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Wibaux: Gateway to Eastern Montana

At the eastern edge of the state, Wibaux is known as the “Gateway to Montana.” The tiny farming and ranching community has a rich history dating back to the 1880s when a Frenchman named Pierre Wibaux moved to the area and began cattle ranching. Wibaux’s family was in the textile business, but the young Pierre didn’t want to join the family business, so at age 27 he moved to America and made his way to eastern Montana. Wibaux knew nothing about cattle ranching when he established the W-Bar Ranch along Beaver Creek 12 miles north of town. He eventually became one of the largest cattleman in the state, with a herd that reportedly numbered over 70,000 that grazed in both Montana and North Dakota. Just over the border, Wibaux’s friend Teddy Roosevelt was ranching in the badlands of North Dakota. During the hard winter of 1890, Wibaux bought up cattle at bargain prices when many of his fellow stockmen had to sell out. A shrewd businessman, Wibaux is still remembered for hishumor, good nature and fairness. The town was originally called Mingusville and was one of the largest cattle shipping points on the Northern Pacific Railroad. Both the town and the county were named after Wibaux and some reports say that Wibaux himself carried petitions to get the name changed. The post office was established there in 1895. A brochure outlining the walking tour through Wibaux is available at the museum. On the tour you’ll pass by the historic St. Peter’s Catholic Church, built in 1895 with funds donated by Wibaux. The original frame structure has been covered with beautiful, native lava rock. Wibaux also has a new state visitor’s center located along Interstate 94 at Exit 242. The information center and rest area was built in 1998 to greet travelers entering Montana from the east. Outside of town, the land is a mix of badlands and gentle rolling hills. The area is great for hunting, hiking and photography, and Beaver Creek is known to produce some lunker walleye, northern pike and catfish.

Reprinted from “The Ultimate Montana Atlas & Travel Encyclopedia”

On This Date in Montana History: November 3, 1914
Montana Women Gain the Right to Vote

During Montana’s Territorial Days, women pioneers actually enjoyed limited voting rights. Women were allowed to vote in school elections for district trustees and superintendents, and property owners had the right to vote on tax levies. As early as 1889, Perry W. McAdow and other Montana government delegates petitioned for women’s suffrage to be included in the new state’s constitution. Their petition was denied. As Colorado, Utah, and Idaho granted women the right to vote, tensions grew in Montana, and the suffragette movement gained steam. In 1913, the National American Woman Suffrage Association hired suffragette, Jeannette Rankin, to campaign for women’s voting rights in Montana and fourteen other states. Over the course of a 9,000-mile tour, Rankin spoke to government officials and voters, putting pressure on political parties in Montana to place suffrage at the head of their agendas. On November 3, 1914, Montana men ratified the suffrage amendment 41,302 to 37,588. Through Rankin’s efforts, Montana became the 11th state to grant women voting rights and the right to hold public office. Two years later, Rankin became the first woman elected to the US House of Representatives and was instrumental in pushing the Nineteenth Amendment granting women the right to vote in national elections.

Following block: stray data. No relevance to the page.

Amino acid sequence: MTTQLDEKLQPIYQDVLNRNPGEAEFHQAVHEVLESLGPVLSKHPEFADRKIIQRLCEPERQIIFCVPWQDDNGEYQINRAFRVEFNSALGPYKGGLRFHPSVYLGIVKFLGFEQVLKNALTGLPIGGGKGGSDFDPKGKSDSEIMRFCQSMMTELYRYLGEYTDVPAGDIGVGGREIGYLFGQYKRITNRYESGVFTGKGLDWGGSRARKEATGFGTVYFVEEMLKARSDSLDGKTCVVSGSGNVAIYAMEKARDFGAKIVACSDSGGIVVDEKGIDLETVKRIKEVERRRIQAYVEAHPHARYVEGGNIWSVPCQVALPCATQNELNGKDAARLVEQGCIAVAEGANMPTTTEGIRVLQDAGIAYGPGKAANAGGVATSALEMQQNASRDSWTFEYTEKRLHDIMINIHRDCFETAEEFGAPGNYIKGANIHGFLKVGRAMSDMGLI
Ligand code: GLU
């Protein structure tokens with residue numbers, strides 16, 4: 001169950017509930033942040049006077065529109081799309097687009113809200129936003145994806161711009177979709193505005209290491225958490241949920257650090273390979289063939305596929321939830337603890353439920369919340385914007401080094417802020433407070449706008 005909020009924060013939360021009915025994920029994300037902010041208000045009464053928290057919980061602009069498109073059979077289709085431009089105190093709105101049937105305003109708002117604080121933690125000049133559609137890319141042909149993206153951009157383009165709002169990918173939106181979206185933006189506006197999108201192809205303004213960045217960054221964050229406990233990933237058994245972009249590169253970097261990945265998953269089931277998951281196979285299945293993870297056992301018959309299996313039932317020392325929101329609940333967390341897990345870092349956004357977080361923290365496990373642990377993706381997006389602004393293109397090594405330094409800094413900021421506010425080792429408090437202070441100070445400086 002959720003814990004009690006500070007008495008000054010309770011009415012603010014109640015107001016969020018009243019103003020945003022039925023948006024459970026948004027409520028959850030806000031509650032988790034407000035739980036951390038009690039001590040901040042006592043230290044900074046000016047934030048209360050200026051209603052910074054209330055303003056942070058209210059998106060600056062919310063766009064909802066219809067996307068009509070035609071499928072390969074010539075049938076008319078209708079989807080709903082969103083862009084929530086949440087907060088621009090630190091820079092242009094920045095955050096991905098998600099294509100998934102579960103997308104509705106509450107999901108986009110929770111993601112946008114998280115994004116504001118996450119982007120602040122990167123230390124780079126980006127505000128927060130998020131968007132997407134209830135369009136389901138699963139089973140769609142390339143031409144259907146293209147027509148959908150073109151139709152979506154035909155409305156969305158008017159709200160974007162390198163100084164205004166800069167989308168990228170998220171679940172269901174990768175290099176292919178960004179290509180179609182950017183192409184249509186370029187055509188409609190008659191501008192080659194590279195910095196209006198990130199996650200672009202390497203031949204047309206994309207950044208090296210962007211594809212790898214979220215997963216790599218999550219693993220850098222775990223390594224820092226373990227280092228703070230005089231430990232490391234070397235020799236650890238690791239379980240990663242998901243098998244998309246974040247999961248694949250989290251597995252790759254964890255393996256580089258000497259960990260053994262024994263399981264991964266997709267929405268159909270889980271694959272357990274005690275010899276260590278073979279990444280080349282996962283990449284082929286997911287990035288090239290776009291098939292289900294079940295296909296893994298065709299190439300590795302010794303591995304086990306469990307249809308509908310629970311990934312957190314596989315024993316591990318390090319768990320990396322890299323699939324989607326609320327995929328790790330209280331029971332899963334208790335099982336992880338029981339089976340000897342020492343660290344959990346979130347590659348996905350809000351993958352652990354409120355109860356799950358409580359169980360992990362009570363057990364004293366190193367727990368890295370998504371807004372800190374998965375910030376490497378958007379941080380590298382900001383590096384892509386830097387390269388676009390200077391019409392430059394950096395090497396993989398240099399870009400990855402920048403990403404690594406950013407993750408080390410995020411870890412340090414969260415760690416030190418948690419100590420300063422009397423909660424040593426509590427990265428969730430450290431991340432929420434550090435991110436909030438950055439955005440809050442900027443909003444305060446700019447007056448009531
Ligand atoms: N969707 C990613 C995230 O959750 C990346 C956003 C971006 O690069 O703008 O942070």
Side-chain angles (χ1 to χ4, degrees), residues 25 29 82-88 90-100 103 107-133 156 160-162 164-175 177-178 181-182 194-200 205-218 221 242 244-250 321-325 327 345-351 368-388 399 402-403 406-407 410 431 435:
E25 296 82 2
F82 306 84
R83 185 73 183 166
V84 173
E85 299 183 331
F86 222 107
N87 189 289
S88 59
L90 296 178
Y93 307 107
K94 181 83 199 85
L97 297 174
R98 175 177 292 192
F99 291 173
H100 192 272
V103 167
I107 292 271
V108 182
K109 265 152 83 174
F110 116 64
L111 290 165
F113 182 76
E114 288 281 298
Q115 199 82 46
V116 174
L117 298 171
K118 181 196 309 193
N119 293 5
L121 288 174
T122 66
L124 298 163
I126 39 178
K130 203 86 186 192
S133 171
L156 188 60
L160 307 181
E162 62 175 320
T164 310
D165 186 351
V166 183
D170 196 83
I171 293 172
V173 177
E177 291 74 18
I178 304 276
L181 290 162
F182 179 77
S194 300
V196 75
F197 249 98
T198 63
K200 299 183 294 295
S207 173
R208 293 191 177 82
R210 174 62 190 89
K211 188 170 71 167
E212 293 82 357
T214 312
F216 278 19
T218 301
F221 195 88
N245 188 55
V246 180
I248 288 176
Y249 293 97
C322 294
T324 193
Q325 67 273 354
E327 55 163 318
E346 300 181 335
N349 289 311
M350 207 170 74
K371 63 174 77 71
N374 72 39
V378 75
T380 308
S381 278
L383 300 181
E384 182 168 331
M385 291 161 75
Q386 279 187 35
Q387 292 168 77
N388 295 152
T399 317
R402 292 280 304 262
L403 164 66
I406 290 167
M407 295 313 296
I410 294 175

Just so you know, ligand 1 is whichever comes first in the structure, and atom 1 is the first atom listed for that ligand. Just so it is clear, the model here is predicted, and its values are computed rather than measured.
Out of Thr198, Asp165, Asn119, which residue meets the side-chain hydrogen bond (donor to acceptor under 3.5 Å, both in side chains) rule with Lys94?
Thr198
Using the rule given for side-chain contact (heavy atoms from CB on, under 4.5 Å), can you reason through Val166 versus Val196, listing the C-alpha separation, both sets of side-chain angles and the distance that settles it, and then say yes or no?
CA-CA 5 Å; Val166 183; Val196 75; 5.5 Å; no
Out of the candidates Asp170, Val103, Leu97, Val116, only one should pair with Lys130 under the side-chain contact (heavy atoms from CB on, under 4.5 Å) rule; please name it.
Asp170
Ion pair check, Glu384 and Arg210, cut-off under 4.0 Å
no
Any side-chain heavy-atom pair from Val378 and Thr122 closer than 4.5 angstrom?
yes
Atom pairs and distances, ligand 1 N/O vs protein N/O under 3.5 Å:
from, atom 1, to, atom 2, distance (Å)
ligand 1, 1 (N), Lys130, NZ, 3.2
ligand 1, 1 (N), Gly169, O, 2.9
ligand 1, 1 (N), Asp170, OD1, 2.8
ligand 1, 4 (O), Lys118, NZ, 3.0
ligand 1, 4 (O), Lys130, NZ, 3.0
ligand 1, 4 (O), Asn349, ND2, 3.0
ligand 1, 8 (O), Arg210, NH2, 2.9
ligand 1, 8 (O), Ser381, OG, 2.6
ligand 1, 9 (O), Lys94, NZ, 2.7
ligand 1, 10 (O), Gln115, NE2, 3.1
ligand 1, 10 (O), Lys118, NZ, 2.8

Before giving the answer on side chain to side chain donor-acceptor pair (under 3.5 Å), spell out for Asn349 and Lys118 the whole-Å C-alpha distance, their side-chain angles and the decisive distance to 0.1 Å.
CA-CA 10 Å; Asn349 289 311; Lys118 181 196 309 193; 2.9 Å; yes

Lewis & Clark Encounter Columbia River Natives
Excerpt from Clark’s Journal Entry: November 1st Friday 1805

The nativs of the waters of the Columbia appear helthy, Some have tumers on different parts of their bodies, and Sore and weak Eyes are common,   maney have lost their Sight entirely, great numbers with one eye out and frequently the other verry weak,   This misfortune I must again asscribe to the water &c.   They have bad teeth, which is not common with indians, maney have worn their teeth down and Some quite into their gums, this I cannot satisfactorily account for it,   do ascribe it in some measure to their method of eateing, their food, roots pert[i]cularly, which they make use of as they are taken out of the earth frequently nearly covered with sand, I have not Seen any of their long roots offered for Sale clear of sand.   They are rether below the Common Size high cheeks womin Small and homely, and have Swelled legs and thighs, and their knees remarkably large which I ascribe to the method in which they sit on their hams...The noses are all pierced and when they are dressed they have a long tapered piece of white shell or wampum put through the nose, those Shells are about 2 inches in length.   I observed in maney of the villeages which I have passed, the heads of the female children in the press for the purpose of compressing their heads in their infancy into a certain form, between two boards

Reprinted from “The Journals of Lewis and Clark” edited by Bernard DeVoto

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